Companies from all over the world are racing to have their self-driving cars on public roads. However, these companies have a lot of obstacles to deal with. Everything from developing sensors and software to passing safety regulations and government standards can pose a challenge for developers. Once they get through the initial phase of development, manufacturers must also convince the public that investing in autonomous vehicles is a safe and worthwhile choice. Despite all these challenges, the race to autonomy in 2018 is crowded with developers.
Companies Working on Self-Driving Cars
Many companies working on self-driving cars are doing so in the form of partnerships. For example, Swiss car manufacturer Rinspeed and Samsung’s subsidiary Harman have a concept car that is expected to be on the road by 2025. It is expected to have SAE Level 5 autonomy, which means full automation. In China, the firm Baidu is working to develop an artificial intelligence co-pilot called Apollo. It has paired with Blackberry to make the software.
The Ford Motor Company has partnered with Lyft, Uber, and Volvo for self-driving cars that could work as urban taxis and ride-sharing services. Google is also working with those companies, acting as the partner that will deal with the government regulation side of autonomous car development. In addition, Volvo is working with Uber to develop a ride-sharing service with autonomous cars. In a partnership with Fiat Chrysler Automobiles, the BMW Group, Intel, and Intel-owned Mobileye are working together to create a co-pilot platform for autonomous cars.
Companies Working on Artificial Intelligence for Autonomous Cars
Some companies that are working on the artificial intelligence for autonomous cars are not yet partnered with an automobile manufacturer. This might allow them to form multiple partnerships for the use of their technology. One of these companies is Huawei, which has created software that combines object recognition with artificial intelligence.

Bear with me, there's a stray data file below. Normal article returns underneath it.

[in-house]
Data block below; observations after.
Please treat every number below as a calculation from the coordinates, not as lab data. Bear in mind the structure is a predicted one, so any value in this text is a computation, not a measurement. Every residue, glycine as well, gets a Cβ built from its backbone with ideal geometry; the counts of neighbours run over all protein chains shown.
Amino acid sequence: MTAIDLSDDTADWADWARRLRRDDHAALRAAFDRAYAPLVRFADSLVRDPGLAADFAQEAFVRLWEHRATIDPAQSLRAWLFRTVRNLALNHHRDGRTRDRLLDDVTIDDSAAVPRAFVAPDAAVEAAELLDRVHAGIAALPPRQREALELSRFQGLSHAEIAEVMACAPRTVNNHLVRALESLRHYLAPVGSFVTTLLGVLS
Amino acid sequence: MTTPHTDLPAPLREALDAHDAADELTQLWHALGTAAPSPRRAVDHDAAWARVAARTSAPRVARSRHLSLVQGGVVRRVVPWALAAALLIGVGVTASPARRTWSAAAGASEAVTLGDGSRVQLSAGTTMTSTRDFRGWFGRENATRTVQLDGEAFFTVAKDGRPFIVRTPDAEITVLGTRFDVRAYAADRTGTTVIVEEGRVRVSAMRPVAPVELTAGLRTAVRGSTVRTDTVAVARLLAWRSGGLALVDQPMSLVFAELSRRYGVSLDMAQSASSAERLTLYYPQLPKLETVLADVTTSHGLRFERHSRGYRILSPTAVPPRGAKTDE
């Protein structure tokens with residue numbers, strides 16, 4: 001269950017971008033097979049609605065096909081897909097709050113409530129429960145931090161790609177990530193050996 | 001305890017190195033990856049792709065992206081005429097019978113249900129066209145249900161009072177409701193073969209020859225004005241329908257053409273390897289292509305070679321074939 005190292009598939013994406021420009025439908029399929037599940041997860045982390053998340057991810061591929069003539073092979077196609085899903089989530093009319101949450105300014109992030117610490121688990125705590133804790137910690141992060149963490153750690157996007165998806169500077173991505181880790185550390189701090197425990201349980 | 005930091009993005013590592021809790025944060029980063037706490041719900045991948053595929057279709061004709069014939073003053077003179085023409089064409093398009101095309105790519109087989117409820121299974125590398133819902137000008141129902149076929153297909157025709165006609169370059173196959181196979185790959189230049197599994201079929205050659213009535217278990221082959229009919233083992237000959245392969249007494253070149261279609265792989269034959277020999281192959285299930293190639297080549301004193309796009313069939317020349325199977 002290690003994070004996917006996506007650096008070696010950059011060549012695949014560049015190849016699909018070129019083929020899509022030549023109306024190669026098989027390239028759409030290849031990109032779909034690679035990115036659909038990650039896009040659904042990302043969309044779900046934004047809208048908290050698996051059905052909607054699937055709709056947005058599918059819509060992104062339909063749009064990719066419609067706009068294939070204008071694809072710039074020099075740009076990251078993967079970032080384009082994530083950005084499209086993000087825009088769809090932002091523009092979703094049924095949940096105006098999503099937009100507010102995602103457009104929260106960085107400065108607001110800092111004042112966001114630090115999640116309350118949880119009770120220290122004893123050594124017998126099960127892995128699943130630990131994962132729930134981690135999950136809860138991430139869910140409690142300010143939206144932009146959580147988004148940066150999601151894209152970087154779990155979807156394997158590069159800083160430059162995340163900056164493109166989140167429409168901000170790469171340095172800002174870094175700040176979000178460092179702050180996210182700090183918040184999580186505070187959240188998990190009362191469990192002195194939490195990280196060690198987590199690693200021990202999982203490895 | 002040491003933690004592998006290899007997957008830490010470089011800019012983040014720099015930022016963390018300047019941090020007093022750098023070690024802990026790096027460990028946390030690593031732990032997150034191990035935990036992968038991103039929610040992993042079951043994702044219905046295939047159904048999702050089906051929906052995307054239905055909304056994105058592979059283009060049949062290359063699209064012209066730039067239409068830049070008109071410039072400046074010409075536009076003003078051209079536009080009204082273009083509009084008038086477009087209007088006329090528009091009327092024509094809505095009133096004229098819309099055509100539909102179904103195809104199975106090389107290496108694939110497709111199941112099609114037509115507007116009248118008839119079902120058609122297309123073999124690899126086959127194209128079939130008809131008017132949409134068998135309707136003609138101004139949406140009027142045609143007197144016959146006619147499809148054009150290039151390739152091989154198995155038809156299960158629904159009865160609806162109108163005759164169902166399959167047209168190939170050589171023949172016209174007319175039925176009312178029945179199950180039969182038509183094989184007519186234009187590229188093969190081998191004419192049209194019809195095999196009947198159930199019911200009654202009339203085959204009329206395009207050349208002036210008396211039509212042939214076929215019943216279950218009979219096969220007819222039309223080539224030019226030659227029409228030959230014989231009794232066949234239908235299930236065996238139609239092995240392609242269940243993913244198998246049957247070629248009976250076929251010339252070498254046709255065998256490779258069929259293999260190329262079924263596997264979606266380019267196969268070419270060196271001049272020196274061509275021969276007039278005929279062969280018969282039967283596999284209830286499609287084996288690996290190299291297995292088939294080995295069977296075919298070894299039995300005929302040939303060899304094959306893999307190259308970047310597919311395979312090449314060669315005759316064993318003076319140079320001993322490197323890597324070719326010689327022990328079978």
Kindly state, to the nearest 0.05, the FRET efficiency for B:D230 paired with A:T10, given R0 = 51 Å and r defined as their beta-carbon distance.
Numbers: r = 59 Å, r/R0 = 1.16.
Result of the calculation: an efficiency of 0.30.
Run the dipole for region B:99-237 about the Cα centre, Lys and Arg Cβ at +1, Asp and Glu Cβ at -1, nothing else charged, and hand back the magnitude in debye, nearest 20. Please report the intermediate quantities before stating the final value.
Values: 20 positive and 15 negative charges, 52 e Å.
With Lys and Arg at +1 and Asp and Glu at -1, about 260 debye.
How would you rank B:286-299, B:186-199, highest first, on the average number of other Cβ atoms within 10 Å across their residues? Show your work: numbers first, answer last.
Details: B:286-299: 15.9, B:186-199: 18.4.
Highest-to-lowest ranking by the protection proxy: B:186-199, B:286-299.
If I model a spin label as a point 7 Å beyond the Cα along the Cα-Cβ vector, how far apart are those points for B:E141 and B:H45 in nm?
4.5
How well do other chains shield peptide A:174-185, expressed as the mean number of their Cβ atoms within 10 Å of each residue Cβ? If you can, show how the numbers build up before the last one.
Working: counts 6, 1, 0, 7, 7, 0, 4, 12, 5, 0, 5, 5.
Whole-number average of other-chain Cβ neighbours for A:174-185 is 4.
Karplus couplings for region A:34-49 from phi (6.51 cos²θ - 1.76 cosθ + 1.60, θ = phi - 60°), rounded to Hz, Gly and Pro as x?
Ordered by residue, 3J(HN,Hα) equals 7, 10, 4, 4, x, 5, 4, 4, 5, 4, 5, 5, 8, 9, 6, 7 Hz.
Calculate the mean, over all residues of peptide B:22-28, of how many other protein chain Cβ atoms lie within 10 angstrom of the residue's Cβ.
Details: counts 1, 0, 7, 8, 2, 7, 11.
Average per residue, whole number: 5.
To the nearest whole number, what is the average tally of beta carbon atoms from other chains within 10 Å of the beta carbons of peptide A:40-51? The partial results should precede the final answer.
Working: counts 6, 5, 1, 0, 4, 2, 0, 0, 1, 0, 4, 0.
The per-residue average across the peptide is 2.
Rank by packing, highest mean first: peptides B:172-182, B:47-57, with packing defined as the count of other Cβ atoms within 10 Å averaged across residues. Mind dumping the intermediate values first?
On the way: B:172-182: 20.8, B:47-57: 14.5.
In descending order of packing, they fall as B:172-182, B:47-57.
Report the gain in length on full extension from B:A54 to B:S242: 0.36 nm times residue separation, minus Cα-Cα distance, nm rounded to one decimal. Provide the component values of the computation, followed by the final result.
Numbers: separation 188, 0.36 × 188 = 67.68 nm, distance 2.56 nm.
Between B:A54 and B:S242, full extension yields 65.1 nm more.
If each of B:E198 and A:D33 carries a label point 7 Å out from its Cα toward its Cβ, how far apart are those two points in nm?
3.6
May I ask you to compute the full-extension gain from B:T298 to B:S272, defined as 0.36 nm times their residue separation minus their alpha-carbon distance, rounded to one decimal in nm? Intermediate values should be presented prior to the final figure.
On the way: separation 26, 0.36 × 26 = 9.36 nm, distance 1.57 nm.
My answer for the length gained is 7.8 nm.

Nvidia is another such company. Currently, some 300 different types of cars use Nvidia Drive technology for automated features. The company has already paired with Volkswagen to test its software in self-driving cars. In addition, Apple is working on artificial intelligence that could be used in self-driving cars. However, the company has so far been mum about what it is up to or what its plans are.
International Leadership in Self-Driving Vehicles
Among all of the international companies in the race to autonomy, Baidu stands the furthest apart. Known as the “Google of China,” Baidu is recognized for its artificial intelligence systems. Industry analysts report that Baidu is well ahead of its competition in the areas of object recognition and collision avoidance software features. These features will be key to the safety and adoption of self-driving vehicles on public roads.
Industry analysts also explain that Baidu’s artificial intelligence algorithms, software, and deep learning systems also outperform those of its closest competitors. Baidu has partnered with the King Long Motor Group, which is a government-operated automobile manufacturer in China. The firms may have a vehicle ready for testing by 2019. Baidu is also working with China’s FAW Group and Chery Automobile to use software for autonomous features such as self-parking.
Testing the Autonomous Car Technology
As a leading environment for tech development, California has acted as a leader in advancing the regulations for getting autonomous cars onto American roads for testing and commercialization. The California Department of Motor Vehicles granted permission for fully autonomous cars to take to the roads beginning in April 2018.
The state has also actively set rules about reporting how often human drivers have to “disengage” the artificial intelligence autopilot due to safety concerns. California requires self-driving car manufacturers to report how many miles their test drivers have had to travel while disengaged. So far, Google’s Waymo has driven the most miles without human intervention. It performed about four times better than its closest competitor, the GM Cruise.
Lingering Concerns About the Race to Autonomy
As can be expected with any new technology, there are still a lot of lingering questions about autonomous vehicles. Not all states have stringent reporting requirements about driving miles and safety. If the cars are tested on private roads, that does not have to be reported to state department of motor vehicle regulators.
Furthermore, testing vehicles on a straight interstate is far different from testing them in a dense urban environment. It is also unknown how much safer an autonomous vehicle needs to be compared to a human driver. If the safety levels aren’t high enough, there will likely be pushback from people who work as professional drivers.